For almost two weeks now, we have had consecutive days of calm fine weather. In that period, I count some still grey days in which the harbours were still. Wellington has a reputation for its mean winters. According to the calendar, this one has plenty yet to come, but so far it has been a delight.
High in the suburb of Northland is the Te Ahumairangi Hill lookout which affords a view over the bureaucratic centre of New Zealand. The tower block with the green top is the Business School of Victoria University of Wellington. The flat building in front is the high court and then the grey roof of parliament and the “beehive” which houses parliamentary offices. To the right of the beehive is the law school in the old wooden building and behind that the IRD. On the extreme right is Bowen House which contains the overflow for all our pariamentarian’s offices. Oh, and the brick building behind the business school is Wellington railway station.
The Ngaio Gorge carries the Kaiwharawhara stream through lovely Trelissick Park from Ngaio at the top of the hill down to the harbour. It’s a modest stream but I liked the little rapids seen here.
A lovely morning at Pauatahanui Inlet and I decided to follow the Camborne walkway around its North West corner. The water was glassy and a bright red kayak entered the frame. As I lined up for my shot, the kayaker put his paddle across the cockpit and became a photographer himself.
A long delayed casualty of the Kaikoura Earthquake (14 November 2016), the almost new BNZ building on Centreport’s land near the railway station is finally being demolished. Unlike most demolition work in the city, they recovered as much of the building materials as possible. Now it is down to the sadly compromised concrete skeleton, and the big crane is nibbling away at the remnants.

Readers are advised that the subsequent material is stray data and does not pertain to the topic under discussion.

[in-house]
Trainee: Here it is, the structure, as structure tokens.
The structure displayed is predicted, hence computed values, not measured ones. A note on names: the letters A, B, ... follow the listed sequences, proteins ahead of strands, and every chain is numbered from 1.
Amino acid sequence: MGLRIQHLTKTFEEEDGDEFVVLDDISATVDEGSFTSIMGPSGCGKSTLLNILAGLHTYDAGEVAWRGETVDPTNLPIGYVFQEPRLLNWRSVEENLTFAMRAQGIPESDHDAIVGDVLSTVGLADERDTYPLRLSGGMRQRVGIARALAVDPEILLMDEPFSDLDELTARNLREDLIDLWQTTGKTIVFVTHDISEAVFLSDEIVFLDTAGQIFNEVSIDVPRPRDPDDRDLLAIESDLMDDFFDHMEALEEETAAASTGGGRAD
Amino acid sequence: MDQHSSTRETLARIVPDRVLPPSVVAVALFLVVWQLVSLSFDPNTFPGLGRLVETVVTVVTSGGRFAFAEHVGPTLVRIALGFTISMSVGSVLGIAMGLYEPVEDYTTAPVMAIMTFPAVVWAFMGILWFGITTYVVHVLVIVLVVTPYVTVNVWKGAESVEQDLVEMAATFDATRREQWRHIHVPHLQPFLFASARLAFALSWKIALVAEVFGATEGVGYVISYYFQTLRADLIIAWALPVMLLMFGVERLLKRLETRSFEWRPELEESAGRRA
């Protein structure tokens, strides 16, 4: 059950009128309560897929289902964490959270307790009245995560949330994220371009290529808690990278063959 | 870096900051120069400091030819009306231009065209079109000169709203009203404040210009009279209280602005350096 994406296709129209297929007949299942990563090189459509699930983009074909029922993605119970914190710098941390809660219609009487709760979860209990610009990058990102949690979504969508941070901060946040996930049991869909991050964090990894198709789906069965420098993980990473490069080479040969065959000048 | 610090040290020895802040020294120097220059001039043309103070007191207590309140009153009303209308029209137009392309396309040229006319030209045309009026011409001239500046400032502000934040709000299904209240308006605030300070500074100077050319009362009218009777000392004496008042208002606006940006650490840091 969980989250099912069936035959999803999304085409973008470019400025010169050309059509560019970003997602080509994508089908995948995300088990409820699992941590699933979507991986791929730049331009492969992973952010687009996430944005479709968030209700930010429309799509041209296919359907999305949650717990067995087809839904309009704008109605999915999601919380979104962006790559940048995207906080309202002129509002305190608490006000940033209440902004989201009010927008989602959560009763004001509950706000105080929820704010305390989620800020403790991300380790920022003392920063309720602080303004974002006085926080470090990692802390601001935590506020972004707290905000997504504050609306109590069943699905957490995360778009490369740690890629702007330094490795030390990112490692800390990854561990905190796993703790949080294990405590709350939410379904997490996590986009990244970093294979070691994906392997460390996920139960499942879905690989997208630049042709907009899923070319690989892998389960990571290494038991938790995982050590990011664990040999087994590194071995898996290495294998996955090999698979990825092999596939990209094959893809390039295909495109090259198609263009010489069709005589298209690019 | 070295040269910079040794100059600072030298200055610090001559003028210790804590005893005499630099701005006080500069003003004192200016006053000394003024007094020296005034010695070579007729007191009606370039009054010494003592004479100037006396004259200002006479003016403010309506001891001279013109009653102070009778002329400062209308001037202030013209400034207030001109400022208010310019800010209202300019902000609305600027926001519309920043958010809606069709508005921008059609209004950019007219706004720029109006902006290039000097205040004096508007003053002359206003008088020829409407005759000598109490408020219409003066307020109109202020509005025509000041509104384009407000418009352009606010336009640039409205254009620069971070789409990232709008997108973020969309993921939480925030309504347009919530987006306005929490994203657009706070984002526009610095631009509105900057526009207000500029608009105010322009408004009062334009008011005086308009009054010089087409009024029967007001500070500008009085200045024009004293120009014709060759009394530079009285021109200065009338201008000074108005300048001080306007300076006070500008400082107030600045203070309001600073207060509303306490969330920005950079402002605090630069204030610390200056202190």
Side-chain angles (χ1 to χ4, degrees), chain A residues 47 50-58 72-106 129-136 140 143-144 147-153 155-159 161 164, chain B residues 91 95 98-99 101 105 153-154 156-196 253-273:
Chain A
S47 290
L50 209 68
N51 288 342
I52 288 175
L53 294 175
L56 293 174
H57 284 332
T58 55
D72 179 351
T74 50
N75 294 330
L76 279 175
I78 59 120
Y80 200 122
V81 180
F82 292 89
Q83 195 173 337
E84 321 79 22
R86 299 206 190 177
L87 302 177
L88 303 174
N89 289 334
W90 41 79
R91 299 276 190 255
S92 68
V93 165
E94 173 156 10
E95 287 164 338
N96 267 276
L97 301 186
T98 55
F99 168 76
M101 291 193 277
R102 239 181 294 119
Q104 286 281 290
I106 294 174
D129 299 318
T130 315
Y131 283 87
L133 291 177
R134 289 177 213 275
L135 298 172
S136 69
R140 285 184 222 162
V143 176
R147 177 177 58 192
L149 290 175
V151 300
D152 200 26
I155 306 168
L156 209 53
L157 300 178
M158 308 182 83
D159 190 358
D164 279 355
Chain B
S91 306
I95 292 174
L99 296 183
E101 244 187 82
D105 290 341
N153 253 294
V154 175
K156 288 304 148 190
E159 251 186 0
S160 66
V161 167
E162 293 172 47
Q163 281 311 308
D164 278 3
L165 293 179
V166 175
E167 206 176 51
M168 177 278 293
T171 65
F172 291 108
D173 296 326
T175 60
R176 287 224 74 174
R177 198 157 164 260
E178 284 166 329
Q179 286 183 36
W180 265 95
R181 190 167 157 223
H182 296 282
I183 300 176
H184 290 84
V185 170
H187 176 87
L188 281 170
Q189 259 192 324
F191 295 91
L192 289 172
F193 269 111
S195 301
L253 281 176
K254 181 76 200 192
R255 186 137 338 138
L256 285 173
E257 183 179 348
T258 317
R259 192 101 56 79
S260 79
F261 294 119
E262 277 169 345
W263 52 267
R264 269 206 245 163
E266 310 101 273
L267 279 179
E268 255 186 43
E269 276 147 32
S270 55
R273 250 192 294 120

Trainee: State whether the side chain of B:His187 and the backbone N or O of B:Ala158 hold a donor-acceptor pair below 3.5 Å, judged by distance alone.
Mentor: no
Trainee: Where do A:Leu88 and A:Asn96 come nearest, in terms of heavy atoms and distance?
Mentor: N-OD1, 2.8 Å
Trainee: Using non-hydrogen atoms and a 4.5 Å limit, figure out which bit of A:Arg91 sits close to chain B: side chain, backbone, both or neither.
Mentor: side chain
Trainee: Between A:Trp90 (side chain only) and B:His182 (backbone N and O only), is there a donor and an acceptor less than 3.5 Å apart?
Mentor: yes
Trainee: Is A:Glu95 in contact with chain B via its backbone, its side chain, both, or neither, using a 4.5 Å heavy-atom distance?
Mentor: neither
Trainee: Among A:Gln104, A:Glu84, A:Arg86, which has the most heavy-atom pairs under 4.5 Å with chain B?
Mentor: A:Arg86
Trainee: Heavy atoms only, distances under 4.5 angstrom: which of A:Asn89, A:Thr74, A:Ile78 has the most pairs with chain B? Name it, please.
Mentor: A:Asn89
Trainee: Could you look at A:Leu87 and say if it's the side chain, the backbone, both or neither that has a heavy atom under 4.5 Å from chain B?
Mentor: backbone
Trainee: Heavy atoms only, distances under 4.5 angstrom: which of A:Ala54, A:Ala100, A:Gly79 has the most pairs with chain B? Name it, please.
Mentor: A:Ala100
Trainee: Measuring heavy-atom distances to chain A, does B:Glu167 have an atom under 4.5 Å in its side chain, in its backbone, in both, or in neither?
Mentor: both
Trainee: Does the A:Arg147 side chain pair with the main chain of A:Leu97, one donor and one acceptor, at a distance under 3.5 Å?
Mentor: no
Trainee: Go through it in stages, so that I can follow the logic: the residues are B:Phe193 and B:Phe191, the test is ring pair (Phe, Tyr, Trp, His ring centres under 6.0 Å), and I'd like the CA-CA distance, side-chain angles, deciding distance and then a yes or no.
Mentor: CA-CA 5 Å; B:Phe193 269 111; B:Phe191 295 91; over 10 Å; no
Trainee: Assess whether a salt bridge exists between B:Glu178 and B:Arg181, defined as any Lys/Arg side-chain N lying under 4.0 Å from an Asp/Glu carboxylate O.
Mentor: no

We’ve been here before. The kereru is perched in the small kowhai shrub on our front lawn and was nibbling new shoots as efficiently as a motor trimmer. Somehow the shrub always recovers
Seaview Marina is a favourite place when the water is still. I was down at water level with the camera hanging inverted on the tripod centre-post just above the water to get this view. I heard my name called and there was Mary taking her lunch break between volunteer roles. We enjoyed our lunch together on a lovely mid-winter day.
If you have read my blog for any length of time, you will have seen Tapuae-o-Uenuku many times before. I always love to see it clear and proud across the strait. It’s weird to know that distant Kaikoura is just near the foot of Manakau, the mountain on the left. In case you were unaware, Manakau is the highest peak in the Seaward Kaikoura range while Tapuae-o-Uenuku is the highest in the Inland Kaikoura range. Despite the apparent calm, waves were slapping against the rocks with some force.
Mary and I went over the hill into the Wairarapa and up the road to Holdsworth lodge. A lot of people had the same idea and the beautifully formed tracks in the lower parts were quite busy. The Waingawa river was tumbling down the hill to join the Ruamahanga river and thence via Lake Onoke to the sea.
Zealandia wildlife reserve gives the visitor access to a great variety of birdlife as well as providing opportunities for close encounters with Tuatara and various other lizards. This pied shag is enjoying the calm of the nest but keeping a wary eye on the tourists
Also in Zealandia is this lovely little North Island robin. They enjoy the insects stirred up as people walk by, and come very close, even to the extent of perching on the toe of your shoes to get the best harvest. They seem quite unafraid.
It has been an extraordinary run of weather, with two weeks in mid-winter with almost no wind, and mostly sunny days. In Lowry Bay, the usual fleet of moored yachts is down to just one at present.
Inside the breakwater of the Seaview Marina there are a few rocks that serve as a resting place for shags. This Little Black shag is airing its laundry .
And still, day after day the eerie calm continues. Overcast weather I can live with but I do prefer conditions such as these that give reflections.
As I write this edition, the weather has broken with rain and wind. It would be churlish to complain after so long. This image was made a few days earlier as a jet-ski rider was heading out to make noise and spray in the open water of the harbour.
That will do for now. See you next time.